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Wednesday, March 27, 2013

The 2nd Amendment Explained

Amendment II: A well regulated Militia, being necessary to the security of a free State, the right of the people to keep and bear Arms, shall not be infringed. December 15, 1791

Easy enough, right? Okay you're right, apparently not... but when broken down it becomes much easier to understand and to explain to others.

When you talk about the Second Amendment most tend to get caught up in the arguments of today. Hardly anyone ever puts it into context with what was going on when it was written. There was a war just being wrapped up in which a tyrannical government had become scared of its subjects and had tried to ban the rifles that it feared. That didn't work out so well for them as I don't think they really thought the decision to go to war completely through.

After the scourge had been ousted and things were settling down the forefathers figured they had better put something into writing to keep this from ever happening again. What they came up with was this: A well regulated Militia, being necessary to the security of a free State, the right of the people to keep and bear Arms, shall not be infringed.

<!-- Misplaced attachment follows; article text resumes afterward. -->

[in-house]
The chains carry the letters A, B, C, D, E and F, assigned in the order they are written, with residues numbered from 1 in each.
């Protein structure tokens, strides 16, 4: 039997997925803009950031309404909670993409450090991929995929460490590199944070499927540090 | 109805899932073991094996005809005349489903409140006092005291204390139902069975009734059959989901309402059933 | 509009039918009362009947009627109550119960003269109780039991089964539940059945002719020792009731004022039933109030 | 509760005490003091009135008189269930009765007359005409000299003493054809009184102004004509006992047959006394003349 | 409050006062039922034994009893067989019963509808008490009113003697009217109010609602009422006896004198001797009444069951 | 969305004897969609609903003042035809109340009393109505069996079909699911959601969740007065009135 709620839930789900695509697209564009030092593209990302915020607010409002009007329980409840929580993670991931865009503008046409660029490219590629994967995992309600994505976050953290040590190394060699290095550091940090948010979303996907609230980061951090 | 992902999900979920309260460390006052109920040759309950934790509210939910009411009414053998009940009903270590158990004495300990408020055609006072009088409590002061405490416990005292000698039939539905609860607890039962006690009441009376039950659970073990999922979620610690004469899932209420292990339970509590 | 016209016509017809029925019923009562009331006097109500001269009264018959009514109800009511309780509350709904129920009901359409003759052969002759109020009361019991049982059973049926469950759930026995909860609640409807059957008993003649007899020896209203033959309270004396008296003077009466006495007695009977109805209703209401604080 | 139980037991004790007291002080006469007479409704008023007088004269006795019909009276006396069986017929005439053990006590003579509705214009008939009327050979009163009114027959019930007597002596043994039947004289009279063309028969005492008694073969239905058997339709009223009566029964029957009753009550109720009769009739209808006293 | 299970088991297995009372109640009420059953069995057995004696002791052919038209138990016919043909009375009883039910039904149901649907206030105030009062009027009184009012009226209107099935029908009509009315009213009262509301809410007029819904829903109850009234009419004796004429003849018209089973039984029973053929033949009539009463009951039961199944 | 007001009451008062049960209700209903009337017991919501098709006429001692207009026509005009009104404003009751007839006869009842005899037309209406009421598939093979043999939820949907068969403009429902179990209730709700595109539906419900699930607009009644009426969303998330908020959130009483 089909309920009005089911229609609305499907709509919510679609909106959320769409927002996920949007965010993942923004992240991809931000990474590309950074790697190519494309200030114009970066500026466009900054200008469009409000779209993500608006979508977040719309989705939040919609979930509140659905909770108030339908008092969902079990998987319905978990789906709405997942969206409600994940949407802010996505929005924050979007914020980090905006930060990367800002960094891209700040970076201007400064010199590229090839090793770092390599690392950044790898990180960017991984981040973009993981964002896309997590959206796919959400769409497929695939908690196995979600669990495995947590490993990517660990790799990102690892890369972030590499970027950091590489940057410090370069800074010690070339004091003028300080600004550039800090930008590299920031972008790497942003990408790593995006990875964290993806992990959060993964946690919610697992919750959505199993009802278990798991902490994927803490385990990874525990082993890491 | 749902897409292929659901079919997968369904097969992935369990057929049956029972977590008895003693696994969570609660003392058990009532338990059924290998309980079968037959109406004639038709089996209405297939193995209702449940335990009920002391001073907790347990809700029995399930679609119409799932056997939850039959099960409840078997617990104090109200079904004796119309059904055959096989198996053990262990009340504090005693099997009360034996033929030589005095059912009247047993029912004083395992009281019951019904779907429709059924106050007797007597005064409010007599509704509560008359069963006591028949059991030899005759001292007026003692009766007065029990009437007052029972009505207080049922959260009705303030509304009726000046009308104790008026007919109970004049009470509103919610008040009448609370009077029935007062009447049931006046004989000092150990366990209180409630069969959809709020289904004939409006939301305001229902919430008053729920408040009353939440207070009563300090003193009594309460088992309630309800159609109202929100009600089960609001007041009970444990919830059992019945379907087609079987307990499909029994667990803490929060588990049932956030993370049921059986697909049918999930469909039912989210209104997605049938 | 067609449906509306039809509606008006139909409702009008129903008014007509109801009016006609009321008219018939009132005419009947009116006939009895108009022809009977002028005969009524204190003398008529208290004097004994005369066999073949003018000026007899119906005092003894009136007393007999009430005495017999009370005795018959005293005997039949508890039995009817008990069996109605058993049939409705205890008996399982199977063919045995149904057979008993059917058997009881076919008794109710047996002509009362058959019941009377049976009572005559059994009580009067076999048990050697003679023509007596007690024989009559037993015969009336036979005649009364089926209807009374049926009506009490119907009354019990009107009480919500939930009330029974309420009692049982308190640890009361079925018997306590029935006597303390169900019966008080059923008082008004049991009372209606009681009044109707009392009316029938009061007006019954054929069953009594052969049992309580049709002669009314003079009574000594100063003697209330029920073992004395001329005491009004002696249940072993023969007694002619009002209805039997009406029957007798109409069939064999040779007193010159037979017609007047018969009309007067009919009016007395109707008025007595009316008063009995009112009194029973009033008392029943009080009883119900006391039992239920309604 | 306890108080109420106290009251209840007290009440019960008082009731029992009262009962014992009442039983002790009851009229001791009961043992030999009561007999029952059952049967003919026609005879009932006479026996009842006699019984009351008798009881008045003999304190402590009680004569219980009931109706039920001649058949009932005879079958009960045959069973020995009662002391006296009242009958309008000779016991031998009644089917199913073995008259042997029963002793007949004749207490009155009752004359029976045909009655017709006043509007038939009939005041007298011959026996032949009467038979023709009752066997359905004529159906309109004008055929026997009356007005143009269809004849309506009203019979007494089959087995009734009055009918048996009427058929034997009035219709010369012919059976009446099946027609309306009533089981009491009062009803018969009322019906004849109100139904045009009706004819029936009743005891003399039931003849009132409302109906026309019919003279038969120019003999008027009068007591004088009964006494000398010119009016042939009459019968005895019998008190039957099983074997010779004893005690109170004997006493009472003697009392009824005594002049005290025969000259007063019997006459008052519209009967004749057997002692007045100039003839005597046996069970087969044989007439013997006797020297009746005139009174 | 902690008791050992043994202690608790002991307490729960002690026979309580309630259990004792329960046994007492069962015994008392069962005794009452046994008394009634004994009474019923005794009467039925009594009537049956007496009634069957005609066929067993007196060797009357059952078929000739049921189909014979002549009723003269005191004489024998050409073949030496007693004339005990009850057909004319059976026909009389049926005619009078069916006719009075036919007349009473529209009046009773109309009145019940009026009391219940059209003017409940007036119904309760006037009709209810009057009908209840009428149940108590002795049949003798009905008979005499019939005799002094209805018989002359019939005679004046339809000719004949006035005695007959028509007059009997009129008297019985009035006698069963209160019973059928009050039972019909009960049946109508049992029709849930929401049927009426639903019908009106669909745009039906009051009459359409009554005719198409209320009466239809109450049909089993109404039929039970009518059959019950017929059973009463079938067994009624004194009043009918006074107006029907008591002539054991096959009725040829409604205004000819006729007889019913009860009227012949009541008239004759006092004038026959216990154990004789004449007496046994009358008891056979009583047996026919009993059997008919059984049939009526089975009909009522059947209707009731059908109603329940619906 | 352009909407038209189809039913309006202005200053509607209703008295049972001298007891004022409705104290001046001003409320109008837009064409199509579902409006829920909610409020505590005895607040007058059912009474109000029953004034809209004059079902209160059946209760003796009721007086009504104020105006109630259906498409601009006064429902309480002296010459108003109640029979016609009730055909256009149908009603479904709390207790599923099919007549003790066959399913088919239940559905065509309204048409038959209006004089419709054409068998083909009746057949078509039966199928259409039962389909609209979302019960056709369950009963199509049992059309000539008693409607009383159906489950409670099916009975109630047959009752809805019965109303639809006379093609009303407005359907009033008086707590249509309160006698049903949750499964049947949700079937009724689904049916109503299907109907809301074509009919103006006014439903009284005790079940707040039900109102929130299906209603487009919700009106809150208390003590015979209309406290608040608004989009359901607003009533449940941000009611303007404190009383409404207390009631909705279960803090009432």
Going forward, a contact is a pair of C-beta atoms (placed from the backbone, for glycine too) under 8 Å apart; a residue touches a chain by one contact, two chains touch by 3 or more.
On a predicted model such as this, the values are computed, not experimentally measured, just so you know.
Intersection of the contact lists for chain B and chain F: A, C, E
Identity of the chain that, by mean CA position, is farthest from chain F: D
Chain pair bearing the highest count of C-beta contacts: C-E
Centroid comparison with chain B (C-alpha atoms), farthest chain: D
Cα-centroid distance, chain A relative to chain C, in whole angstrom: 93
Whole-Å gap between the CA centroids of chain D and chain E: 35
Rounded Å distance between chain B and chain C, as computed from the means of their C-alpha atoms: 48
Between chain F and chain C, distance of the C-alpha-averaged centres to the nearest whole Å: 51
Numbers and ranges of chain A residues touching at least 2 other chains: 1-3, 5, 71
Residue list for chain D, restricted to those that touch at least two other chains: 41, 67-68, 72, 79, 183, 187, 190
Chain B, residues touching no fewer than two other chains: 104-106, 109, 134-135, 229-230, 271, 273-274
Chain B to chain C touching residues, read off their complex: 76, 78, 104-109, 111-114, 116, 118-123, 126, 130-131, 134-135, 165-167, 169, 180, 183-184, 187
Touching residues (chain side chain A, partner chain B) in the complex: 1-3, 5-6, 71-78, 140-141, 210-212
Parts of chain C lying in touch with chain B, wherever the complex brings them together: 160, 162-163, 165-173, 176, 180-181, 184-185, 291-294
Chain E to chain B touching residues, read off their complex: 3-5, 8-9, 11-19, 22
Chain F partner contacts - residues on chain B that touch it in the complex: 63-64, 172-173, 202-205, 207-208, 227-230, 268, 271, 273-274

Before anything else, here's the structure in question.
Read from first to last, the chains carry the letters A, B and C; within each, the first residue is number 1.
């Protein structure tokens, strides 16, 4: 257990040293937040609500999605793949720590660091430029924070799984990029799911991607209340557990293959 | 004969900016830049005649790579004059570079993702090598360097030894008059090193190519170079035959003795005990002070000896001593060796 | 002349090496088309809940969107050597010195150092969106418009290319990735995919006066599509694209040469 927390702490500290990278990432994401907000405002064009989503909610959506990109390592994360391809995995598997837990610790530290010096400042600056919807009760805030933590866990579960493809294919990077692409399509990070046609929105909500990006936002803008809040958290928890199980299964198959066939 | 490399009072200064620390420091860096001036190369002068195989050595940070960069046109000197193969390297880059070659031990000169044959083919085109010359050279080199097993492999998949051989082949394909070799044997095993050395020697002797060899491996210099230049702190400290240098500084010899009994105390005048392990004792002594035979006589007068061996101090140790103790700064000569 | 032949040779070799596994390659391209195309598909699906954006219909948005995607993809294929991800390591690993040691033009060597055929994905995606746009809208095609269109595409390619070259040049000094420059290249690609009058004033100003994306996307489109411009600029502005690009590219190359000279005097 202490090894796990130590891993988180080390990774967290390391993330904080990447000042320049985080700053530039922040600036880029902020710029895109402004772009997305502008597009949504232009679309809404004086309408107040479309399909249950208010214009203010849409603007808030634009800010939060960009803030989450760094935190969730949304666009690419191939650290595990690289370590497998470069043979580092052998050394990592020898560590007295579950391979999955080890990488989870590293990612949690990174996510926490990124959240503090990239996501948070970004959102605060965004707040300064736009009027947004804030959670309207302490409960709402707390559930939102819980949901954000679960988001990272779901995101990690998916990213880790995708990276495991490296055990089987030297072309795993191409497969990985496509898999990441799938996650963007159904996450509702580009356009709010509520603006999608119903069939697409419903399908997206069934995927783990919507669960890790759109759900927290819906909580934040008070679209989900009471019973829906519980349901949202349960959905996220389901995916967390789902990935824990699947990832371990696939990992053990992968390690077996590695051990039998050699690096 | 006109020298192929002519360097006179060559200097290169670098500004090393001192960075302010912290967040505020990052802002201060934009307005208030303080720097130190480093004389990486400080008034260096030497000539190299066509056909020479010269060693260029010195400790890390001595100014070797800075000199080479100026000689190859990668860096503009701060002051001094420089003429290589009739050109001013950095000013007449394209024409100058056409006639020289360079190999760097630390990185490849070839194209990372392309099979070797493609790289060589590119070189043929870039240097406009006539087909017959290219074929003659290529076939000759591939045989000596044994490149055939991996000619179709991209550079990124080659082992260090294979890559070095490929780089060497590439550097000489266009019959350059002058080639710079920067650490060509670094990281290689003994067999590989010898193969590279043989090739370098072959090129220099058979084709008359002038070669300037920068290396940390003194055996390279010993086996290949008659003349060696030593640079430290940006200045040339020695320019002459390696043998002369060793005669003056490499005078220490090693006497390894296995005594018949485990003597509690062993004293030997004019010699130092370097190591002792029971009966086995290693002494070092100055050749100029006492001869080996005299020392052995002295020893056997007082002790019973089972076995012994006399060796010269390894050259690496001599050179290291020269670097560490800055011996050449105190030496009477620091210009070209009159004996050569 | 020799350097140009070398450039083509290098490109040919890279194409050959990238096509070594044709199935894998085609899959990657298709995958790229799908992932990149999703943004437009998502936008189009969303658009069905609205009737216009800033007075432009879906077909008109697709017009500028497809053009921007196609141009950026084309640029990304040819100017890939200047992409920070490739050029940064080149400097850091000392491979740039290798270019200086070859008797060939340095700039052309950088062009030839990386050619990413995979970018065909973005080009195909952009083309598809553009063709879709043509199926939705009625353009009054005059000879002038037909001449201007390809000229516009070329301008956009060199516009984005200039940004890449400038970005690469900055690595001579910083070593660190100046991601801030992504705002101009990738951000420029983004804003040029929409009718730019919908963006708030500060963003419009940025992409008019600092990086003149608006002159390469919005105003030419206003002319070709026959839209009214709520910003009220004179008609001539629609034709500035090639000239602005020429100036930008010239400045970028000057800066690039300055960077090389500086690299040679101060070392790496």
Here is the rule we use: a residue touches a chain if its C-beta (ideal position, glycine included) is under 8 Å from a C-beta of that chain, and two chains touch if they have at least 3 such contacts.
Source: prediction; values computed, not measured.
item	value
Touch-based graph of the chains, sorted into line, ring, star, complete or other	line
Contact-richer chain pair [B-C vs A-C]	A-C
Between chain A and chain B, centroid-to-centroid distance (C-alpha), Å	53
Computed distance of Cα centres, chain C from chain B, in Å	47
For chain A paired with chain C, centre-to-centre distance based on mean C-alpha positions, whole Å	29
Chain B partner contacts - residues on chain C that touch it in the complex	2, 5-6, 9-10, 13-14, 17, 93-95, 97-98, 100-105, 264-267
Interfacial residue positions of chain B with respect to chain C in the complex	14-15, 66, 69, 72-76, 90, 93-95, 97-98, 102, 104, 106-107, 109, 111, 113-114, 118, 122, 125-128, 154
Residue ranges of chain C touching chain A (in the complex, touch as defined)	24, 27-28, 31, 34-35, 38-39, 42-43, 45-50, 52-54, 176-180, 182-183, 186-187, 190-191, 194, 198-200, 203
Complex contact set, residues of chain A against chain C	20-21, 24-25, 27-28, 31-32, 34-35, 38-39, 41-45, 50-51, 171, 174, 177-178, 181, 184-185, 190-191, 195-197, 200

So if we look at it in terms of what was going on those days and if we clarify the commonly misunderstood terms used it becomes much clearer and you get what I like to call the modern language second amendment.

The first term that gets people is "Regulated" and when used in today's world means something very different than it did many years ago when this was written. When the amendment was written regulated meant "outfitted or equipped." So we end up with a "well equipped militia" and that brings us to the second term that confounds folks.

A militia 220 years ago was the ONLY defensive force the young United States had. A militia is simply the civilian fighting force of the state or country. Now one must bear in mind again that this was the ONLY force we had. A military is a standing force... they never go home unlike militia that returns home after serving their duty. Think of a militia as a reserve type army that is only activated as needed. When the forefathers wrote the amendment the militia was all we had and therefore the terms militia and military are interchangeable.